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The employees are identified by a code and a name, in addition they have
a password to enable their authentication when they activate a terminal in
the Connect use case. The customers are identified only by a code and a
name, since they do not interact directly with the system. Products are
described by a code, a name, a price and the available quantity in the store.
The physical structure of the system can be described with the deploy-
ment diagram shown in Figure 14.2. Each counter terminal is connected to
a bar code reader. Terminals are linked to the central server through an
ethernet LAN, the usual standard network protocol for this kind of network
is TCP
IP. The central server accesses information stored in a database.
Since the all the counter terminals share the same network connection to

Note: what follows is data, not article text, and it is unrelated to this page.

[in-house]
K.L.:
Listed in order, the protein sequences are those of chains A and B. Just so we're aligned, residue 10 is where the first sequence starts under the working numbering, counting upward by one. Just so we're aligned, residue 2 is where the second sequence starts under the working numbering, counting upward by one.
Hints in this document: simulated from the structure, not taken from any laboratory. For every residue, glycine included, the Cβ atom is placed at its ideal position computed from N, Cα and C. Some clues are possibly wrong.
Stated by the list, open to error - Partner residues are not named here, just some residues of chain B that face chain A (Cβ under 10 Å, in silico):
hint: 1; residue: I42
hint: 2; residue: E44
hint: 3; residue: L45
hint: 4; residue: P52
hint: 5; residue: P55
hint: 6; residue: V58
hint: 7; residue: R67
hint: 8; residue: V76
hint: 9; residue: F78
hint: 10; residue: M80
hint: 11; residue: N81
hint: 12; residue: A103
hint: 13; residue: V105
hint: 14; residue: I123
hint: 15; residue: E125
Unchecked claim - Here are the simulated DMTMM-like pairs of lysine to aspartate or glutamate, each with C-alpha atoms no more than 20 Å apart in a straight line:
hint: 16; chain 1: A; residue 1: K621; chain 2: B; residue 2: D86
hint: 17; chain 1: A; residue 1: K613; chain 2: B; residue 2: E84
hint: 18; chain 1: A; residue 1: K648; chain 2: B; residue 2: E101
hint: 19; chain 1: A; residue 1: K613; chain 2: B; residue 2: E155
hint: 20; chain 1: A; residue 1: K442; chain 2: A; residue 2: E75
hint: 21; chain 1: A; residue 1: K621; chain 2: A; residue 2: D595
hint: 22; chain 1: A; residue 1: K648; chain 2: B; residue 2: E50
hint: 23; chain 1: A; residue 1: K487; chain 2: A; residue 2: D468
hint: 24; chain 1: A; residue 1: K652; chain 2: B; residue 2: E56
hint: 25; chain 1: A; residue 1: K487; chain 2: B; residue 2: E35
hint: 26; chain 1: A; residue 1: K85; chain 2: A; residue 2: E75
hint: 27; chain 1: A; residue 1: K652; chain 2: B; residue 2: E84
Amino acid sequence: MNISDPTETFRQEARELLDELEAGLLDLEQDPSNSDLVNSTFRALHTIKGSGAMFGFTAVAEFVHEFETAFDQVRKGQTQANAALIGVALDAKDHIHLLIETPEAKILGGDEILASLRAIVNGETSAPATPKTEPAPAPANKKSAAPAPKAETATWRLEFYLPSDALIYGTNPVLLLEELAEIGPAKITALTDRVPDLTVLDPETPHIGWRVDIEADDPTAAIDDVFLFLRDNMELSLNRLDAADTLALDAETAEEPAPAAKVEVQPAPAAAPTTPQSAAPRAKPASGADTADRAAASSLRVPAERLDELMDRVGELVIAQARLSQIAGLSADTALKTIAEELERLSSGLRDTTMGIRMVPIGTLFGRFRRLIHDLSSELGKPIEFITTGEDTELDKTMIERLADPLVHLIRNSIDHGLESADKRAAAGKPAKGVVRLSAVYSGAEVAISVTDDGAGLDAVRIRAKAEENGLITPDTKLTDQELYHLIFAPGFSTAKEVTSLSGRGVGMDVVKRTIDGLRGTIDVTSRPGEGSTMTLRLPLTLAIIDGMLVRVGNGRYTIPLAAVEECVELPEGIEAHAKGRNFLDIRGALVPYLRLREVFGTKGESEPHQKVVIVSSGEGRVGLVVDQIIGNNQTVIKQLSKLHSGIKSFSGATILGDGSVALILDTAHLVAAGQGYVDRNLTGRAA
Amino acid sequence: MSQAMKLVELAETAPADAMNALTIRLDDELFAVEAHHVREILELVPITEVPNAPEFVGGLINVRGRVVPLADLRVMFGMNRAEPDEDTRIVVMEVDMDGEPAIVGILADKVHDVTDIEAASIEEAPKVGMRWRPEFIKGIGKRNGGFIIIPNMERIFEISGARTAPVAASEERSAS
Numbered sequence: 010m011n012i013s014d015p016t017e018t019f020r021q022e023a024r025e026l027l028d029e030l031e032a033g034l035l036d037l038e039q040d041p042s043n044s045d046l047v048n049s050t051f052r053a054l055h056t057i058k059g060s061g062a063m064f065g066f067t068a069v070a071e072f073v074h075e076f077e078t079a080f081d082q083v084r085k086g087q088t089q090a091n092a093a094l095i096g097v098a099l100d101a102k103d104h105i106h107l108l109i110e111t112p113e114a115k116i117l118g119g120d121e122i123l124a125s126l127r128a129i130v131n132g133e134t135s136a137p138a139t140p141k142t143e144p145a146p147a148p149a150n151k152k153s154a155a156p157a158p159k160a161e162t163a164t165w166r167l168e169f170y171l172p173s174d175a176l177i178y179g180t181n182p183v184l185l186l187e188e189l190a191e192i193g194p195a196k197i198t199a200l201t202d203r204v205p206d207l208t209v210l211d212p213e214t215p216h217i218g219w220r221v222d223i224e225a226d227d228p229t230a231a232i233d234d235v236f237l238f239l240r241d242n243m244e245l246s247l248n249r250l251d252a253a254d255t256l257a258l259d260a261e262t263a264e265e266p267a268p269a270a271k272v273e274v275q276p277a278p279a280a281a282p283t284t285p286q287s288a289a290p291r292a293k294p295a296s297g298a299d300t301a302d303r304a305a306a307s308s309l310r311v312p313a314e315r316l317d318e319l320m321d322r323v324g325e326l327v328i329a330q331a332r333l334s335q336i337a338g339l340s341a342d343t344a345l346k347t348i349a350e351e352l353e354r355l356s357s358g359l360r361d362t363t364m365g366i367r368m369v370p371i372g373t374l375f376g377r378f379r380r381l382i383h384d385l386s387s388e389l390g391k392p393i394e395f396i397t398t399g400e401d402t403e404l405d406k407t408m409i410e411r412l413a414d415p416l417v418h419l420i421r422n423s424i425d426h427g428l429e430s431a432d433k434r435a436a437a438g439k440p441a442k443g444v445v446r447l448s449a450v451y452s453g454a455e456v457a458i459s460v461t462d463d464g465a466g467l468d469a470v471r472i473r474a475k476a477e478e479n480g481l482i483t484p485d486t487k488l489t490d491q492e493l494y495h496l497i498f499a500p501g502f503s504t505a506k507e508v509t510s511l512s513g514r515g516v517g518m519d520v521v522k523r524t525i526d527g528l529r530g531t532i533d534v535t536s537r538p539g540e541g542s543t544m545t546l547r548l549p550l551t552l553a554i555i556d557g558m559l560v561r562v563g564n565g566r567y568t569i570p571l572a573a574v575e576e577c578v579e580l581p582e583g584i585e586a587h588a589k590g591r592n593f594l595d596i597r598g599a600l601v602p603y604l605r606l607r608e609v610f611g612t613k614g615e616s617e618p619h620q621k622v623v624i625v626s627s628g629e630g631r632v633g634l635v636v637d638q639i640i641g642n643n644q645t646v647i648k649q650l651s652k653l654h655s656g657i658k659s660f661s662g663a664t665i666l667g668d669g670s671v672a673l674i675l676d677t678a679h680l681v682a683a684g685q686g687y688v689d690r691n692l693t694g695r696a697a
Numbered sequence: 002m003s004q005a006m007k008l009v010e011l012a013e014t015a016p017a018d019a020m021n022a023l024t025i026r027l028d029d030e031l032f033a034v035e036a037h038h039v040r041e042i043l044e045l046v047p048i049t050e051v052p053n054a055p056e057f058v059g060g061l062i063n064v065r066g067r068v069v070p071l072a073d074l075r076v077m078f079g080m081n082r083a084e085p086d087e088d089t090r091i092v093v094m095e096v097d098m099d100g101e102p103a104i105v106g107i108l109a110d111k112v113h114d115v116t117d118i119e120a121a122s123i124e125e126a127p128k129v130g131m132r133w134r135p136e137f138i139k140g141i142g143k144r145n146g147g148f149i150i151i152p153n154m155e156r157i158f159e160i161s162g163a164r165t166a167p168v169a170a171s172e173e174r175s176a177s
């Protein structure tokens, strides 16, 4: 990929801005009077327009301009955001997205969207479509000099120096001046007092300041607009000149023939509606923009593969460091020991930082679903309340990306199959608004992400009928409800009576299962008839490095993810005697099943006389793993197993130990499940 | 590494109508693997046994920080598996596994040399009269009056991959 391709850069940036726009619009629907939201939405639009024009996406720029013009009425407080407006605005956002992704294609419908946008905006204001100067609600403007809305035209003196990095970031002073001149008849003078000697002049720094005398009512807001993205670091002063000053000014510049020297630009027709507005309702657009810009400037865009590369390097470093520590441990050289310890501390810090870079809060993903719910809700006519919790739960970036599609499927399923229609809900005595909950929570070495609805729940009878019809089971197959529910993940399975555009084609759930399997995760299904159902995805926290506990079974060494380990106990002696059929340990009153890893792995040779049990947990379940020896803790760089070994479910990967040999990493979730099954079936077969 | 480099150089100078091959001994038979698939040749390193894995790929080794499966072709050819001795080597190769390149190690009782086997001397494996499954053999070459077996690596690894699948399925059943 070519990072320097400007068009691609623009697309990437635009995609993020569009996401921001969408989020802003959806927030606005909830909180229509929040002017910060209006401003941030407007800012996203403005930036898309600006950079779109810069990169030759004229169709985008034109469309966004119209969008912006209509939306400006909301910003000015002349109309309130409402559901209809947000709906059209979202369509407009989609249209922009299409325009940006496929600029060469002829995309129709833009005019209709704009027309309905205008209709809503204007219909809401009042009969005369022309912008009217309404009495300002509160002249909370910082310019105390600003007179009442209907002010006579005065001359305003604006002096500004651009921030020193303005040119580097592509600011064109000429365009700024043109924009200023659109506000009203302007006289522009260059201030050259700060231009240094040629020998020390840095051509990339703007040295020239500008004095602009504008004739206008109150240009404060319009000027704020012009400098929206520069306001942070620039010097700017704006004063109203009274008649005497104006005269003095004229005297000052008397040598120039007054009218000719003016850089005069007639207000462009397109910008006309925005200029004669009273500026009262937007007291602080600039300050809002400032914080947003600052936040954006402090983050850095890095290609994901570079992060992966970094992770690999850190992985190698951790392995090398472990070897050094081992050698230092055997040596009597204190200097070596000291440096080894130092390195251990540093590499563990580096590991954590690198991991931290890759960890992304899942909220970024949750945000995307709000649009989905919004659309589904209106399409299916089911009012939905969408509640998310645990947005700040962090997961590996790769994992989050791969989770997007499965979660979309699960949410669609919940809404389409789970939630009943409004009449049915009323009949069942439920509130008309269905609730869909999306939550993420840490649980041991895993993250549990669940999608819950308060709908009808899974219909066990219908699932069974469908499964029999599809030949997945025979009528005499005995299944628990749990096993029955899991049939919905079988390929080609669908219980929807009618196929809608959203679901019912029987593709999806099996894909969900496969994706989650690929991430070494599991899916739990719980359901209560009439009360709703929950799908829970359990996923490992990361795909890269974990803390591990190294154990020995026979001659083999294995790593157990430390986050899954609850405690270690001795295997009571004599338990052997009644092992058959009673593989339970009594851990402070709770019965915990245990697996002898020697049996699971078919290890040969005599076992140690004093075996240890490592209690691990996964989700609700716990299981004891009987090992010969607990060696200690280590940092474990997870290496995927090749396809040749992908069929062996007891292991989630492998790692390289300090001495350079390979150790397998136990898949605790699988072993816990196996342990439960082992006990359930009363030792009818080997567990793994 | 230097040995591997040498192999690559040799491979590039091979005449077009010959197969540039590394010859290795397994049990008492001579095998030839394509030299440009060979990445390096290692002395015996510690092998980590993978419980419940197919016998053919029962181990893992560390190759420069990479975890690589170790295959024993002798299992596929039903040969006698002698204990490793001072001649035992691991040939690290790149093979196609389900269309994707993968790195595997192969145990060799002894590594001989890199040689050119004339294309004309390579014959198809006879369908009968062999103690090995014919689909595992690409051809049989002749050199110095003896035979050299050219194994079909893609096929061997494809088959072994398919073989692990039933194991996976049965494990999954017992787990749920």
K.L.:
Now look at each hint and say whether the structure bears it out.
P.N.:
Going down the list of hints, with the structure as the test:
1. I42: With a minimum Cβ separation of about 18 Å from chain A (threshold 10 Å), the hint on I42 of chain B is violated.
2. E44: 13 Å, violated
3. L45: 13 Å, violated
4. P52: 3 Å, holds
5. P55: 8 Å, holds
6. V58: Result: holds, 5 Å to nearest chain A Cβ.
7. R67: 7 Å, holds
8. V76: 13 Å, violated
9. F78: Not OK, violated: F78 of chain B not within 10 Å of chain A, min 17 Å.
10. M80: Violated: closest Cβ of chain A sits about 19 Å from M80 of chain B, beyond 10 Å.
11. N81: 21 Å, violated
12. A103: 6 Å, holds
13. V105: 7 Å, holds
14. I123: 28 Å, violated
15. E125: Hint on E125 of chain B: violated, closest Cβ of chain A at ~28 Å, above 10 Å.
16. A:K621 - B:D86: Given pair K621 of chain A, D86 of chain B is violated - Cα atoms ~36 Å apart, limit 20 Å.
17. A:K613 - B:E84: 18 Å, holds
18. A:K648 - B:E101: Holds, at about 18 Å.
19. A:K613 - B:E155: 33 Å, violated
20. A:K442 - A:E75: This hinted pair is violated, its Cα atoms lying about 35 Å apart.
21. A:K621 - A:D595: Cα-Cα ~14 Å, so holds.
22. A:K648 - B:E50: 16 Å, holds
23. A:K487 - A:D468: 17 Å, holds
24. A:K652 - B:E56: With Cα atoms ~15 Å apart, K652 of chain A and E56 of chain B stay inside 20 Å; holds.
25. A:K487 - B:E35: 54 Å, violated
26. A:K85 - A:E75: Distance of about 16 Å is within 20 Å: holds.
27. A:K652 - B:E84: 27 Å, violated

the central server, the application level protocol for the interaction between
the terminals and the central server must be as simple and lightweight as
possible. In addition the protocol must be implemented with low computing
resource demands. This is due to the fact that low-cost PCs are used as
counter terminals.
Domain models
An important issue in a large distributed system such as this supermarket
operation support system is its scalability. It is crucial to know the
maximum number of terminals that can be added to the system without
degrading its performance. On the central server side the problem can be
solved (to a certain extent) by upgrading the hardware. The performance
bottleneck in this case is the shared network connection between the
terminals and the server. Thus it is important to analyse the characteristics
of the communication protocol and the influence it has on the data
Bar code
Market DB
Figure 14.2 Supermarket physical architecture
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